By Amanda Blackmore
There is a new superhero in town and she does not wear a cape, have invisibility powers, or produce webbing out of her wrists. She does, however, perform seemingly impossible tasks without asking for any recognition. She is your mother. Women with children have reached a new level of busy and there is no end in sight. What does this mean for future generations? Will our generation’s daughters be as run-off-their-feet as our mothers are?
Generally, the percentage of women participating in the work force has increased for the past thirty years reaching 59.3% in 2008 (StatCan, 2014). In other words, our mothers are more likely to be a part of the work force now than our grandmothers were in their day. Furthermore, the employment rate of women with children under 16 who are living at home has increased from 39.1% in 1976 to 72.9% in 2009 (StatCan, 2014). It is also known that, generally, women are the primary caregivers in the family when the family includes a heterosexual couple. A generation of supermoms has appeared because women are now expected to work outside the home and continue to be the primary caregiver at home.
This seems like an unreasonable expectation. When I was growing up, my mother stayed home with me and my three siblings and she was busy enough simply taking care of all the unpaid work associated with running a household like caregiving, making meals, and cleaning. I cannot imagine how our household would have survived without her around every day if she were to have had a full time job outside the home. However, we see that employment rates for women with children are increasing. Women are now taking on the role of both caregiver and wage-earner, and thus we have the supermom.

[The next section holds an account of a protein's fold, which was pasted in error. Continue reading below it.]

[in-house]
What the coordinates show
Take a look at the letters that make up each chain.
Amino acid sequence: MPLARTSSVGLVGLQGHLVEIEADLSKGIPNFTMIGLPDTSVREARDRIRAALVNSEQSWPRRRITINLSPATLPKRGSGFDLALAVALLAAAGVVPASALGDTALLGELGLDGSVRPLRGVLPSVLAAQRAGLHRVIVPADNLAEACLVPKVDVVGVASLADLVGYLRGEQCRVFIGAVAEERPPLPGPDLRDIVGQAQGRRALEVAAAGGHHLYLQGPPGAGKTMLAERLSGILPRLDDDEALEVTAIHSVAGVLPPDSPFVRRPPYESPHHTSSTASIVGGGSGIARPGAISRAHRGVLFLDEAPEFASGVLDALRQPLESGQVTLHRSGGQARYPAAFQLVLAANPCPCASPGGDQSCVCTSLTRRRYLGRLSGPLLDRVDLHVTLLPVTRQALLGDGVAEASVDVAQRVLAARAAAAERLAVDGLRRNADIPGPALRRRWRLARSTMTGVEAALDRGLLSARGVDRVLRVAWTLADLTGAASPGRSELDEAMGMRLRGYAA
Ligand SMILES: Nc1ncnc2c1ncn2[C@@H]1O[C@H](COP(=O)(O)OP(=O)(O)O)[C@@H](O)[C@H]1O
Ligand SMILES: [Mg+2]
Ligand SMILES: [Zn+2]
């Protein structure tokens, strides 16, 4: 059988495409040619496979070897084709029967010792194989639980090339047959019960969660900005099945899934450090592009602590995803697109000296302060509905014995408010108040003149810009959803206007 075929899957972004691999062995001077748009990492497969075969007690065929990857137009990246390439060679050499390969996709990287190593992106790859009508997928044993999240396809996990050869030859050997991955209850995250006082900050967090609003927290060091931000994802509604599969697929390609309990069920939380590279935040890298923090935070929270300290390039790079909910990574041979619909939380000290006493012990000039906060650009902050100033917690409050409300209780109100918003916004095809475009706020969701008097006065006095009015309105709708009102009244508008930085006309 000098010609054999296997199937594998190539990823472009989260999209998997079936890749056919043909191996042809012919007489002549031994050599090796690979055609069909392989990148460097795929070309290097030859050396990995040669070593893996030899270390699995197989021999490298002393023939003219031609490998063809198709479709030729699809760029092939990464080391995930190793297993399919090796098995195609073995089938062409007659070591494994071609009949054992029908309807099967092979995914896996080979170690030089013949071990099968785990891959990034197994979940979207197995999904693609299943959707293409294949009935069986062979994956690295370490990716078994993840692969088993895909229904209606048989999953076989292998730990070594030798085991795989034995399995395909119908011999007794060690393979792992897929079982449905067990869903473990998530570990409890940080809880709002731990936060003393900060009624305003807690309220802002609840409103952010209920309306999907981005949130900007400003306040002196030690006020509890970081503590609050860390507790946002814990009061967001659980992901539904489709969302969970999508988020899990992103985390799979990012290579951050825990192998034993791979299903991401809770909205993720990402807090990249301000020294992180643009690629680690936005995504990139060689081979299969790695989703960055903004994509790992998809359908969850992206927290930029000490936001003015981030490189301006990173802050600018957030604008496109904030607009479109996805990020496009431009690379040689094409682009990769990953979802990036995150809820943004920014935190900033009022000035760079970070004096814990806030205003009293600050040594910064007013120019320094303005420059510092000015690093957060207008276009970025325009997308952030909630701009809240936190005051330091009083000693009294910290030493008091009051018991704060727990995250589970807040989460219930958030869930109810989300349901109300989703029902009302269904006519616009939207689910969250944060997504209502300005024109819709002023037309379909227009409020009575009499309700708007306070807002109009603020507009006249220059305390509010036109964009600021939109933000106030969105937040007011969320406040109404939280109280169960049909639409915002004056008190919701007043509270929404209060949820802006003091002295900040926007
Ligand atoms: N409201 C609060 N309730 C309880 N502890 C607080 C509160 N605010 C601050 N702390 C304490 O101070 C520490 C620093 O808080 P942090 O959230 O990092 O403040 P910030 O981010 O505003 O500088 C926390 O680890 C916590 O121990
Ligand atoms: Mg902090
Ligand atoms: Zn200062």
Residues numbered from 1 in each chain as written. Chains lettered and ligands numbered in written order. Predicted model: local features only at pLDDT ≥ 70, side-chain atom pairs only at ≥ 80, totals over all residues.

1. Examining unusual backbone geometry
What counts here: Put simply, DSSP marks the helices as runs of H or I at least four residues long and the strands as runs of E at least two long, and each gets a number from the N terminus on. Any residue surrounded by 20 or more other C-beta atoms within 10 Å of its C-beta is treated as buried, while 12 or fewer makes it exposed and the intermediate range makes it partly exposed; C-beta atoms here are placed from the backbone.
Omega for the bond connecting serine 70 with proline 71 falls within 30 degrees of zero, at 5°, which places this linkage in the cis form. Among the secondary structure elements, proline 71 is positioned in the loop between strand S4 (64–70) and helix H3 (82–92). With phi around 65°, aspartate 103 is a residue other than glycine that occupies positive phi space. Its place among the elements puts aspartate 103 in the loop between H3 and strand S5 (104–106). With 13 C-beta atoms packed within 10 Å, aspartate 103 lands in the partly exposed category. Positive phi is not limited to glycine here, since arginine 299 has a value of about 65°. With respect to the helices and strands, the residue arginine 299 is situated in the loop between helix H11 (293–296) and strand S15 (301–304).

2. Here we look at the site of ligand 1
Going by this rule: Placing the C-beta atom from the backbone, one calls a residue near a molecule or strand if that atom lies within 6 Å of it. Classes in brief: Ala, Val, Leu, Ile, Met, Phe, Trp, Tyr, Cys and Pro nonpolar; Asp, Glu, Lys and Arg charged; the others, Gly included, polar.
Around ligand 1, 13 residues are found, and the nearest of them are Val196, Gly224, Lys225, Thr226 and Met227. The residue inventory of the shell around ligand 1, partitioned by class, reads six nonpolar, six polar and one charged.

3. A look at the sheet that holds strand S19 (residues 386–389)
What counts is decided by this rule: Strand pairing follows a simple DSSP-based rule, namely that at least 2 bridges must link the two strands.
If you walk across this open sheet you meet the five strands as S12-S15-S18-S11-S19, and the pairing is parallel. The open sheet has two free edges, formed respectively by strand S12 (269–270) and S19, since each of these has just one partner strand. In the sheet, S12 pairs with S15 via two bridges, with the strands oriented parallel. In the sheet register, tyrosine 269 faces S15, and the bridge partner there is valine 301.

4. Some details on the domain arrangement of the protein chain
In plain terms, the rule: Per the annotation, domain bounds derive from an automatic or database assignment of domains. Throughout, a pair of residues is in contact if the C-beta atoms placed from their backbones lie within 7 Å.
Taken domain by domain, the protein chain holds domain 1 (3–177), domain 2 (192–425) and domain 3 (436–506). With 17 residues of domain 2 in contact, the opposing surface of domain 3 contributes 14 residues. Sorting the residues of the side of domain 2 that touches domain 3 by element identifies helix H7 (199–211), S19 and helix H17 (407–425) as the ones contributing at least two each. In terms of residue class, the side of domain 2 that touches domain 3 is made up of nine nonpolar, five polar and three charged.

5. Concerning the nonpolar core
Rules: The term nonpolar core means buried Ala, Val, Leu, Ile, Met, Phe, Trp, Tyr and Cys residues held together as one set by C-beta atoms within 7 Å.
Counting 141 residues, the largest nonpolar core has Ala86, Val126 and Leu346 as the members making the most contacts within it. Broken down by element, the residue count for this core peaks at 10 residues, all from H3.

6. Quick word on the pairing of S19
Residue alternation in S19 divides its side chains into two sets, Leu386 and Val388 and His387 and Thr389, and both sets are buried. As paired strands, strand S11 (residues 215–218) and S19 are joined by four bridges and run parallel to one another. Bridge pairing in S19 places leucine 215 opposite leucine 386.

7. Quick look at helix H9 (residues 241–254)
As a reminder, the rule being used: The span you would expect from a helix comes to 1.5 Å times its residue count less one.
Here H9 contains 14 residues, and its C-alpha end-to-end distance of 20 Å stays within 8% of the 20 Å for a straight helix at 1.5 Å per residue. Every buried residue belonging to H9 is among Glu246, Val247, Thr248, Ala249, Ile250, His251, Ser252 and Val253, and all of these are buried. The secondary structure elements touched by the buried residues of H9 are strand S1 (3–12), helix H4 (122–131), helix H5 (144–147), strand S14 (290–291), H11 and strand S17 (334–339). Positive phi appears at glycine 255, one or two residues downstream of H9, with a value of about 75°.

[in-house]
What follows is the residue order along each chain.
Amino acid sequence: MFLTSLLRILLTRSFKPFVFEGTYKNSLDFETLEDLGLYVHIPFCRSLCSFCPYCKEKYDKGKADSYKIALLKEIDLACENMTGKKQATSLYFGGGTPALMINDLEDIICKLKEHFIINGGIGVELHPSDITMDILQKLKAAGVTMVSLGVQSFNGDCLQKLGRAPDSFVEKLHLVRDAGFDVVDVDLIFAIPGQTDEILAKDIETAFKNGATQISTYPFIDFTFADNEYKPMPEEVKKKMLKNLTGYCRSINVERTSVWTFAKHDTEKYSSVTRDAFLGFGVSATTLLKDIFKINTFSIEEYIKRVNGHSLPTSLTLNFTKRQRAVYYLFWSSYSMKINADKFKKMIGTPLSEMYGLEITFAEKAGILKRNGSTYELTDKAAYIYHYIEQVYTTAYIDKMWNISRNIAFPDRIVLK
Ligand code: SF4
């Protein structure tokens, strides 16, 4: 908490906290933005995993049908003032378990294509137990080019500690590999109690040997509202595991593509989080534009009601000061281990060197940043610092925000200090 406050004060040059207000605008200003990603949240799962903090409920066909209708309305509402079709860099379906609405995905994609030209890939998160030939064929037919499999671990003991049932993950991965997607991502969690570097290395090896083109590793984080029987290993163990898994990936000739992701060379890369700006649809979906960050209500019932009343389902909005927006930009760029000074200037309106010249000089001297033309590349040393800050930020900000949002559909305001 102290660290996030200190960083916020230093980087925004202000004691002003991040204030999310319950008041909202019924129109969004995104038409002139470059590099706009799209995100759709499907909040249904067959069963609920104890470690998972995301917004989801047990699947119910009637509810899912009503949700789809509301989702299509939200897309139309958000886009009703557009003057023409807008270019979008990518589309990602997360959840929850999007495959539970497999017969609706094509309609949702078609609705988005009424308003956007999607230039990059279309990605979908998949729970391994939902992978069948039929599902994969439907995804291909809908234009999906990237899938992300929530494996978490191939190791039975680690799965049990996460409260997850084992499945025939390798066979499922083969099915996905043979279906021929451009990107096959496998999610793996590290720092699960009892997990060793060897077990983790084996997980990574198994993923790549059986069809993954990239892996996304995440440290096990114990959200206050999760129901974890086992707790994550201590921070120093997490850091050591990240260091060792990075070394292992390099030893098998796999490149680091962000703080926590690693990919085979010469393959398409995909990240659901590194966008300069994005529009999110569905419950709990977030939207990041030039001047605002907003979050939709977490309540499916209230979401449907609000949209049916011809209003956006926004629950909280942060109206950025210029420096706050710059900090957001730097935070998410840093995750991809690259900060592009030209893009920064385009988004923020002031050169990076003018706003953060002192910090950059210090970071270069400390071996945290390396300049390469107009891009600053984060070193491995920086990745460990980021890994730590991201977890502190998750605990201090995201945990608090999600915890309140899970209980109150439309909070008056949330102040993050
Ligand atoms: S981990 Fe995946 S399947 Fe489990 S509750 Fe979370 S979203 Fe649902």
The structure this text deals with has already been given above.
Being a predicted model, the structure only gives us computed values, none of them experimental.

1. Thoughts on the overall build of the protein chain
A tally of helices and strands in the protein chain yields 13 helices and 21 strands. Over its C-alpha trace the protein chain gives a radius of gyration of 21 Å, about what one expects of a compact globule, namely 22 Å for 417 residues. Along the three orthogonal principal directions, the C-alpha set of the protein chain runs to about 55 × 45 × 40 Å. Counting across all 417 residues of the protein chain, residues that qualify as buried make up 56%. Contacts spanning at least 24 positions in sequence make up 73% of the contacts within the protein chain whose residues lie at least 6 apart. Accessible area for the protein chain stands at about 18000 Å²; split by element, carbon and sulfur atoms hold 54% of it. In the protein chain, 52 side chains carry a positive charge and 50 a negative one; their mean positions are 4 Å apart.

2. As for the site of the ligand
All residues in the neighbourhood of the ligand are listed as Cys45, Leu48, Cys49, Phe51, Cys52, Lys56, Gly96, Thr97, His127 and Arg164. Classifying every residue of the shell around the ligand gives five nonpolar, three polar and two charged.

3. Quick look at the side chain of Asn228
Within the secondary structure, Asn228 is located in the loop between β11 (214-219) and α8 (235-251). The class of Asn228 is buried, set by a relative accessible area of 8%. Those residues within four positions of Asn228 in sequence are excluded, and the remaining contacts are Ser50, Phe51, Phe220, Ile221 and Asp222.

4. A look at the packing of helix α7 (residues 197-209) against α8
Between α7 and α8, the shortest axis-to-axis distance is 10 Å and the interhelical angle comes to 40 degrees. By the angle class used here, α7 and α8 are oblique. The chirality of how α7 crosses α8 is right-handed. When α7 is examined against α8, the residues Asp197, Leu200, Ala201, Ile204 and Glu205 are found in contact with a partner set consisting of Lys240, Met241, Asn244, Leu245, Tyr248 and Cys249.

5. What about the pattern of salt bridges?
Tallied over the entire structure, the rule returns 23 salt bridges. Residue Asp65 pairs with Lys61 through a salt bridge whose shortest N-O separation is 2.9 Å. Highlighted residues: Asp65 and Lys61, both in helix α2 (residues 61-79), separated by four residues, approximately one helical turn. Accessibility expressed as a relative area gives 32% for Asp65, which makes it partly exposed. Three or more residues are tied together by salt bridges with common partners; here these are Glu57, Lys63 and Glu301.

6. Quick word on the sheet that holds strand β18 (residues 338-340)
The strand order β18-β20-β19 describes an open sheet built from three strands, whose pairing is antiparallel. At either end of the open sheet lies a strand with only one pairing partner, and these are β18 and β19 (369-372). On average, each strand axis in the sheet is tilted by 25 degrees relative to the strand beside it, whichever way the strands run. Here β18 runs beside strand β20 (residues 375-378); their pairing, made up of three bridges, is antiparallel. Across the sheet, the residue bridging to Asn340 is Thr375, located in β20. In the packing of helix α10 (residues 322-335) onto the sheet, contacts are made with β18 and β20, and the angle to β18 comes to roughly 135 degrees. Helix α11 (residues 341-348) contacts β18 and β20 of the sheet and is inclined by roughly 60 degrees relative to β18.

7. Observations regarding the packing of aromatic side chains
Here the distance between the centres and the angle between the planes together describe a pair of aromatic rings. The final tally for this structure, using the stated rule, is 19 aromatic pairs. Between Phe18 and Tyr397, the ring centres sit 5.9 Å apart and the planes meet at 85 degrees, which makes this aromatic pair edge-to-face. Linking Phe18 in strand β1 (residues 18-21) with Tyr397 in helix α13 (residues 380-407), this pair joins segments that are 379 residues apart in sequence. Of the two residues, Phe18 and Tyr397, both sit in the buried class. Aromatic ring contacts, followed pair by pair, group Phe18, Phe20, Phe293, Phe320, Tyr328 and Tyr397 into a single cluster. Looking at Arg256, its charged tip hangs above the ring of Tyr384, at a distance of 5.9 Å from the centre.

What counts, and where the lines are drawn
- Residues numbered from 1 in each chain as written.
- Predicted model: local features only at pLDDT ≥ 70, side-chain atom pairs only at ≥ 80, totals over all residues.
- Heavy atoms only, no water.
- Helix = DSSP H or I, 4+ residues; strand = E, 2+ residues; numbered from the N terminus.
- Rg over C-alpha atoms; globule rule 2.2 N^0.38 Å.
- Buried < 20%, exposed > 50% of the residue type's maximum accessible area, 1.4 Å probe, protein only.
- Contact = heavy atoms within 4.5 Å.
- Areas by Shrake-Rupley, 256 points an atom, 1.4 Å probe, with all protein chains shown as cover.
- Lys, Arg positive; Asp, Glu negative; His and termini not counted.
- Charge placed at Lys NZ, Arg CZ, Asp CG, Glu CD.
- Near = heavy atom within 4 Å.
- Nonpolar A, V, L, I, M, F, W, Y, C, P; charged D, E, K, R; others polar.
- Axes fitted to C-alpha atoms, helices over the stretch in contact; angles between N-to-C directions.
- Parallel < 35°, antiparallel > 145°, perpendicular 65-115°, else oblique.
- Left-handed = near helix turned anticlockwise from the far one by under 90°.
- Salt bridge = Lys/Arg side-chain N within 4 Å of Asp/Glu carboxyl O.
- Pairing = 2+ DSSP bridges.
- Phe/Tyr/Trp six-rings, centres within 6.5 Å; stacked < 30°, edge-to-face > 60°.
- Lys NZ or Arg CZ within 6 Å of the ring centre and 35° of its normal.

The supermom is portrayed in commercials and television shows as the norm and the ideal parent. The media tells young women that being a good mother means being a supermom. She must be able to handle all household tasks perfectly, and she must also be able to hold down a full time job. To further express this ideal, men in commercials and some television sitcoms are portrayed as idiots who cannot adequately handle house work or caring for children, especially after coming home after a long day of work. These male characters encourage women to believe that they must do it all.
With this new supermom construct, women’s leisure time is taking a major hit. When a mother is expected to make supper, do all the housework, and put the kids to bed all after she has returned from work, how does she find any leisure time for herself? Leisure time has so many psychological and physical health benefits. It is difficult to deny that most people living in the Western culture could benefit from more leisure time. So why do we pressure women to be supermoms?
It is crucial for the wellbeing of future generations of women that we give them back their leisure time and abolish the construct of the supermom. The media is full of unrealistic expectations for women, and young women are learning that they must be completely exhausted all the time to be considered a good mother. Although we cannot always control what is displayed by the media, we can think more critically about how we expect our mothers and our female peers to behave.
Consider these YouTube videos. One has a humorous take on the demands of motherhood while the other warns of actual danger associated with being a supermom.